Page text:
I found it so hard to believe that the thoughts were illness driven

My story so far…….

So, I’m a 30-year-old mum of 2 beautiful children, a 4-year-old daughter and a 6-month-old son. I wanted to share my story to help raise awareness and to help others out there that are suffering.

Most people have heard of postnatal depression but no one talks about postnatal anxiety or OCD. I for one had never heard of these postnatal illnesses or how common they actually are. These debilitating mental health illnesses are scary and hard to talk about, especially when you’ve never heard about them before.
The intrusive thoughts are the worst; it’s like being tortured by your own mind. Thoughts so distressing and disturbing they send you into a panic and make you believe you are the worst of people. Those thoughts are scary, hard to talk about and make you feel ashamed that you can even think of these things. Intrusive thoughts, I’d never heard of them, add the OCD, depression and Anxiety and you fall so fast you don’t know where to go. My first intrusive thought was when my baby was 4 weeks old, he had a slight runny nose and that was it. That was the moment my downward spiral began.

From having a runny nose to getting a chest infection to needing a hospital, to needing intensive care and eventually my baby dying. The anxiety and panic were unbearable, I never slept that night with worry. This is how it began, how that one thought spiralled from my baby just having a runny nose which of course never was any more than that.

But this was just the beginning, the intrusive thoughts got worse. From bathing my baby to him accidentally drowning, to me actually drowning him, from changing his nappy to thinking I would touch him inappropriately. They were horrendous, the worst things you could imagine happening to your baby were in my head. For days I couldn’t sleep, I couldn’t eat, I barely functioned. I was so scared of what was going on in my head and scared to tell people in case they thought I was some crazy monster. The problem is once you have those thoughts, you become obsessed with them. It starts as an innocent thought and quickly turns into an intrusive thought and all these different scenarios come racing through your head. This is where the panic sets in because the thoughts are so horrible, you believe that your an awful person for even thinking these thoughts, you become scared thinking that because you had these horrid thoughts that you may actually do these terrible things. I was so terrified that I would actually harm my children or something bad would happen to them, I went to live between my mum and mother in law. They took care of my 2 children whilst I was so unwell.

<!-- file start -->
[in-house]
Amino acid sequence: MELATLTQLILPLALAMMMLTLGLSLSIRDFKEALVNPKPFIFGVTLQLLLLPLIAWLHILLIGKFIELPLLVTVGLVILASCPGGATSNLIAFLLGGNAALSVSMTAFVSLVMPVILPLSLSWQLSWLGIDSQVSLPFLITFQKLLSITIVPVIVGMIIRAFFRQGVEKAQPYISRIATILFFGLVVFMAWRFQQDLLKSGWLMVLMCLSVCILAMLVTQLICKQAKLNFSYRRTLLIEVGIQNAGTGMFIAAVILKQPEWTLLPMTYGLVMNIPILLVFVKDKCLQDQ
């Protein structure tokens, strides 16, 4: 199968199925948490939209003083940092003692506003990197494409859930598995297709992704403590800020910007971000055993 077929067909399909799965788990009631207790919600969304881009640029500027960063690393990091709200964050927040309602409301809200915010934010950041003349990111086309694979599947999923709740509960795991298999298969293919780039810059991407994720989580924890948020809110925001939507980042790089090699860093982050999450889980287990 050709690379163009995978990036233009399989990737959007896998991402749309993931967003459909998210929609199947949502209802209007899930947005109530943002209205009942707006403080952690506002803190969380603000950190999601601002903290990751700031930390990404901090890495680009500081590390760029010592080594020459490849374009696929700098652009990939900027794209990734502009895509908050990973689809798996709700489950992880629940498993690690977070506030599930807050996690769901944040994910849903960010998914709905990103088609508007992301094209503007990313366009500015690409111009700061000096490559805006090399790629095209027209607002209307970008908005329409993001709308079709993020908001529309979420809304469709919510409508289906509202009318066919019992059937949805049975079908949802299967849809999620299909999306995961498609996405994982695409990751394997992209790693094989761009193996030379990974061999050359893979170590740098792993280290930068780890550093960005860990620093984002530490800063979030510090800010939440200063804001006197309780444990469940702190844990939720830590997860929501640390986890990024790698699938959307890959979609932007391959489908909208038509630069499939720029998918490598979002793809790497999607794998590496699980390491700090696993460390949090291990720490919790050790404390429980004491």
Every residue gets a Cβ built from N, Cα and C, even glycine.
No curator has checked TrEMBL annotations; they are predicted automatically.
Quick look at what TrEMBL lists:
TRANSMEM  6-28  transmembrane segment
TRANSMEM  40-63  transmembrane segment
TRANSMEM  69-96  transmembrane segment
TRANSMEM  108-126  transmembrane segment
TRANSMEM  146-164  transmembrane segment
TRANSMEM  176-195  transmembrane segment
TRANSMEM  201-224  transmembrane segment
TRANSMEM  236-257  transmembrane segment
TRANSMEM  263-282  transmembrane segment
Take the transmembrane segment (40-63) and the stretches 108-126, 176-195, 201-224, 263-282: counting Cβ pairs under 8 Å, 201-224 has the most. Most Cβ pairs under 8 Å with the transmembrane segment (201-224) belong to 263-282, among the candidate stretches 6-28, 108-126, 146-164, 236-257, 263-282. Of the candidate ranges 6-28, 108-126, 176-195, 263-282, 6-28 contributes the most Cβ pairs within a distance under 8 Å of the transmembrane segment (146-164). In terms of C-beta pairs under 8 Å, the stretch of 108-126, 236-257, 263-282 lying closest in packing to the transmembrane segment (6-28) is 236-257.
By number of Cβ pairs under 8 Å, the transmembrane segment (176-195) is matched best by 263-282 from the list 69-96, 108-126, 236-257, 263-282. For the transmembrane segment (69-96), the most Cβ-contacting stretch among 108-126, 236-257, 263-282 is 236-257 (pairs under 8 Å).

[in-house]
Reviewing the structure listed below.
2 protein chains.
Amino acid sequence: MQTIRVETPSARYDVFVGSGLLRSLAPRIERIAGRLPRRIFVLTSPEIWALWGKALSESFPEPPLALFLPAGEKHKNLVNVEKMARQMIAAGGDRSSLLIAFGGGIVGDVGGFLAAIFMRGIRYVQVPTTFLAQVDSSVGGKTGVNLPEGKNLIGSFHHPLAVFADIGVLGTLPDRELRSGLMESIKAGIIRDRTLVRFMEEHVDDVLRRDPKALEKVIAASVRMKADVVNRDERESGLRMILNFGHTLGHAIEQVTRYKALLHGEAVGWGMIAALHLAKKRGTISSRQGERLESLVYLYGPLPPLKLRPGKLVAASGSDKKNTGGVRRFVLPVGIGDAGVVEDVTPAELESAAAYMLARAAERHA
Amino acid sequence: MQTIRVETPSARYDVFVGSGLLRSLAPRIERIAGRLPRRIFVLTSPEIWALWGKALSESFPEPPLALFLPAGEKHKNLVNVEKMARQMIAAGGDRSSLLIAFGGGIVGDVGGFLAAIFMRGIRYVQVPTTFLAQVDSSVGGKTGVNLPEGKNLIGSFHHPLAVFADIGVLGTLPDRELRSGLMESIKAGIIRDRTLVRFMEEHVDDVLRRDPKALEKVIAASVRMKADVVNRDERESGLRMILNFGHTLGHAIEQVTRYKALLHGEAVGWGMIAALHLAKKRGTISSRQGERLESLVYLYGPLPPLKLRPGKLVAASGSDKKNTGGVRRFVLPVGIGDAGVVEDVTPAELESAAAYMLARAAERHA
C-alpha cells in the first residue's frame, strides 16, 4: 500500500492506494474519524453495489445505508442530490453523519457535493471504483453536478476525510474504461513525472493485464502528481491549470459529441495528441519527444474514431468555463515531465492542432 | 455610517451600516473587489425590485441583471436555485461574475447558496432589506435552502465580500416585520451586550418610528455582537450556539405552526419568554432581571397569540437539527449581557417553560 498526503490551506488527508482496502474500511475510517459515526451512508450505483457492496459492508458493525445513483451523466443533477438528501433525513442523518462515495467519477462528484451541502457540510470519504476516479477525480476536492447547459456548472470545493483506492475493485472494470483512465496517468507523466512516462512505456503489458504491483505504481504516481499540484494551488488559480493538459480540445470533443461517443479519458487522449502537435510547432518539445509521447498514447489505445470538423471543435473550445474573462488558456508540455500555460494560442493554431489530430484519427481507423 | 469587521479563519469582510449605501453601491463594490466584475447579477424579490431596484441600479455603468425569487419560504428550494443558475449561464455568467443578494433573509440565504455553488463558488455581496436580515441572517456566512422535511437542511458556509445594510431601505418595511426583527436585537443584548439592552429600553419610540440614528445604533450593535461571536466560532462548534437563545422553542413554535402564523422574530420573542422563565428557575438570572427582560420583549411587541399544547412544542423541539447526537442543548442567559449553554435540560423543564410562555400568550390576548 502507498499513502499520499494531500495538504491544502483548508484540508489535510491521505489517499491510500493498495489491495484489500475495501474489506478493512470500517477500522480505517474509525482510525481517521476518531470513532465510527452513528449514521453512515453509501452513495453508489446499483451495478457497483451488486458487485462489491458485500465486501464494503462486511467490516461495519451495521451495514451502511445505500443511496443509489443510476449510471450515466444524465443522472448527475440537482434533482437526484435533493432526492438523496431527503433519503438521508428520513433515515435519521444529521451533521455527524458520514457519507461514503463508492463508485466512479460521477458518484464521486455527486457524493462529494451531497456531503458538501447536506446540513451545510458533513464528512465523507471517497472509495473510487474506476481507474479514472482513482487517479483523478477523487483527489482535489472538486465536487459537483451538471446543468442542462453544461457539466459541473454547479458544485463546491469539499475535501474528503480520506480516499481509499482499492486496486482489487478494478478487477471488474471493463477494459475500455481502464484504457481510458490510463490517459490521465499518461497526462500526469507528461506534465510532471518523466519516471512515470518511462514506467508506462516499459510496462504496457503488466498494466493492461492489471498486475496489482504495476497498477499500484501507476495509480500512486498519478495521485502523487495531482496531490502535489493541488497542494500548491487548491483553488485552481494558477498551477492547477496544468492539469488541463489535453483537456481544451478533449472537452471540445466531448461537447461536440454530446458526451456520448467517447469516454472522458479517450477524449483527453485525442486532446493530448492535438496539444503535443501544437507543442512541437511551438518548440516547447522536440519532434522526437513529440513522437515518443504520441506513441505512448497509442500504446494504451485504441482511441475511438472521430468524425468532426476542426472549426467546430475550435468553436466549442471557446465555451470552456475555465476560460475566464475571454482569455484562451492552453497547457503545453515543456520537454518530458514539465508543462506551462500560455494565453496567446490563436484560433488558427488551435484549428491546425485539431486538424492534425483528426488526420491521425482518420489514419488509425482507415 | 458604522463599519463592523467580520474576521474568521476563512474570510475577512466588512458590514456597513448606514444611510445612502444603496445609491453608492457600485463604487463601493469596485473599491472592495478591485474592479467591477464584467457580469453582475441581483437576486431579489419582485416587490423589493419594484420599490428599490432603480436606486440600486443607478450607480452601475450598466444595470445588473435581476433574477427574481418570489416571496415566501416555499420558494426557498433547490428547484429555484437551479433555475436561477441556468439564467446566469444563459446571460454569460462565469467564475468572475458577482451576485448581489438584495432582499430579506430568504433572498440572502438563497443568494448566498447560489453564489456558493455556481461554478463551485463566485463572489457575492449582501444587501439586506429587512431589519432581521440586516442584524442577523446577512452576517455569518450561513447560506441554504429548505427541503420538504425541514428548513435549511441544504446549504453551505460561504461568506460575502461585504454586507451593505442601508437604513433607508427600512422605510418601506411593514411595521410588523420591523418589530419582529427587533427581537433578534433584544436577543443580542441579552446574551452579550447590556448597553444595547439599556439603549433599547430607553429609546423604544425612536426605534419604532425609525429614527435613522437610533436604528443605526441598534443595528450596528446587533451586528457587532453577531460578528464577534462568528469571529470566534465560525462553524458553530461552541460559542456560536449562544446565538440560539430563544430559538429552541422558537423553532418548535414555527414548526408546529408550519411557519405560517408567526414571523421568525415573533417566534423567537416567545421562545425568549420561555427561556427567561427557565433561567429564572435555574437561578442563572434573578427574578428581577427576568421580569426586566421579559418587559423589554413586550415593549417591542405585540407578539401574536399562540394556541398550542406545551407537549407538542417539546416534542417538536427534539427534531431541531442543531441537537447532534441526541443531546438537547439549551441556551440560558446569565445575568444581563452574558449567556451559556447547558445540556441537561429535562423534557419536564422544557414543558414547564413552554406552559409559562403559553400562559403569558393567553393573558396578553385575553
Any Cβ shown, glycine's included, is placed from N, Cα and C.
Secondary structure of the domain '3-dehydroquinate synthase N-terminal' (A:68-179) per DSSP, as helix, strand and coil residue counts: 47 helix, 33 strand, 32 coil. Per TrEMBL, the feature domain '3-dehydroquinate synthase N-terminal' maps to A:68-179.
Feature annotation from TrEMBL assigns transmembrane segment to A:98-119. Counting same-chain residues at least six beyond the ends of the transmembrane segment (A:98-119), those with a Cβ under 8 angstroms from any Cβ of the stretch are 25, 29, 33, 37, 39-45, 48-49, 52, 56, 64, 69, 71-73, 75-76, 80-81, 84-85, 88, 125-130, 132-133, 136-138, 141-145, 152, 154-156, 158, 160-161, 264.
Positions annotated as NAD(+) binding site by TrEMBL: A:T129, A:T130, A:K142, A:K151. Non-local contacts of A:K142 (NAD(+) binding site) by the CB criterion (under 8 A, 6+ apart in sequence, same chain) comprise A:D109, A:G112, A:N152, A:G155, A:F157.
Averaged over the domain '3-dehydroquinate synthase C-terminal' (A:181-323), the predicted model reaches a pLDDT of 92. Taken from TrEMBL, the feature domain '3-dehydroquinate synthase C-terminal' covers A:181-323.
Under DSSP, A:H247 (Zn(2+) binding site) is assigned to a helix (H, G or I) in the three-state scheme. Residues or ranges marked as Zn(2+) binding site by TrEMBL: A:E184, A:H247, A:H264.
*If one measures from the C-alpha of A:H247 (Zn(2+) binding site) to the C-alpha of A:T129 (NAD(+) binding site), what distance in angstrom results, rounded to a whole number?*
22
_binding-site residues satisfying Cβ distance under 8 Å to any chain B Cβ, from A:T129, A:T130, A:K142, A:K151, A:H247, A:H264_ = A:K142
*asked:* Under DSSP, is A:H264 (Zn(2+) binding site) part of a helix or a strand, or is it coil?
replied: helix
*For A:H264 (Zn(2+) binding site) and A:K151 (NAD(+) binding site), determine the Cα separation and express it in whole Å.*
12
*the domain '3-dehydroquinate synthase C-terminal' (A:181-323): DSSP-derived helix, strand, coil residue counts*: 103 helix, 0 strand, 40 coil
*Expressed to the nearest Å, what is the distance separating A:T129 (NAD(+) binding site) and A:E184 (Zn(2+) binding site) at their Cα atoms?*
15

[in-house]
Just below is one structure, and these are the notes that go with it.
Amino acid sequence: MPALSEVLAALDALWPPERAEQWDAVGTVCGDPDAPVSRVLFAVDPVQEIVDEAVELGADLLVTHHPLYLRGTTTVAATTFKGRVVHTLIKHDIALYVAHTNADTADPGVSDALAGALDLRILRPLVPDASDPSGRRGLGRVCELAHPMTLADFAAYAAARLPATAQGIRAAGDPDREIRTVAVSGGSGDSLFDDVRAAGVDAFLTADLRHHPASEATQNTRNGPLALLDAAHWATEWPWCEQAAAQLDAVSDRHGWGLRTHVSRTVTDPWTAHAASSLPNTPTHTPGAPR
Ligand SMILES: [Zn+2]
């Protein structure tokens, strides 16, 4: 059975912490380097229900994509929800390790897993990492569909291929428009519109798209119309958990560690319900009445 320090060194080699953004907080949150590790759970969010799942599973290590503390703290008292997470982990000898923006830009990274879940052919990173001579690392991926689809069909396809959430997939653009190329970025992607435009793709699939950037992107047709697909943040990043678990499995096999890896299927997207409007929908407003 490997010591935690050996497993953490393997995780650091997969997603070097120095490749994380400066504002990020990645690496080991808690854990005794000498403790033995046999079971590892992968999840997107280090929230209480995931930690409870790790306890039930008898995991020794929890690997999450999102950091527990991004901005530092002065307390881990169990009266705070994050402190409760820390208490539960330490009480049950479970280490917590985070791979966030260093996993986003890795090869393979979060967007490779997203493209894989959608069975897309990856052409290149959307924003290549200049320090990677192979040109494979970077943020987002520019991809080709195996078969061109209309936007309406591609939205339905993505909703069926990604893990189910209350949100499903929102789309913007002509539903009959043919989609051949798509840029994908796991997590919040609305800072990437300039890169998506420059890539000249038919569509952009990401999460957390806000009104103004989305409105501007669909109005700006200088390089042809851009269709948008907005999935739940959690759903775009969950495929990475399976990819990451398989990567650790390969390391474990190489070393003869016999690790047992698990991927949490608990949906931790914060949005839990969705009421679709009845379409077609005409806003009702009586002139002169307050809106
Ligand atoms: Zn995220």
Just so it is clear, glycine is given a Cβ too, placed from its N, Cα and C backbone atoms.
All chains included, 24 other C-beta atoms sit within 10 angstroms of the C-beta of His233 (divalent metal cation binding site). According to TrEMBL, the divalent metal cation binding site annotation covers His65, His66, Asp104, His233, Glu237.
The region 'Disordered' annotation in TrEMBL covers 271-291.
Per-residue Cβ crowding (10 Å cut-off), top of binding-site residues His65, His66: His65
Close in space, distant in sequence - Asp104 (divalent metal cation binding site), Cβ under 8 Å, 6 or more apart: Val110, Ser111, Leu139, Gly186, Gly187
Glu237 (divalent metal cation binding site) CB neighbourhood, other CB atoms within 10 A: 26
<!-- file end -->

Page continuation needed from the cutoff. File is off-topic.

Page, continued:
Unfortunately, because of these horrid thoughts, I distanced myself from my kids, I was scared that these unthinkable thoughts were going to become a reality and that I could actually harm my children. This made me feel so guilty that I couldn’t look after them and I felt I was missing out on my new baby. By letting other people care for them, I felt like I was protecting them from me. This is something that I really struggled with. I found it so hard to believe that the thoughts were illness driven and I wasn’t actually going to harm my children. It’s hard to understand that they are just thoughts and that they won’t become a reality. I needed and still do at times, constant reassurance that I was not some vile human being that was going to do these disgusting things that kept popping into my head or that it was very unlikely my baby was going to die. I felt so ashamed and embarrassed about what was happening and that I wasn’t managing or happy like other mums. I thought my family deserved a better person, a better mum and that I had failed them by being this way.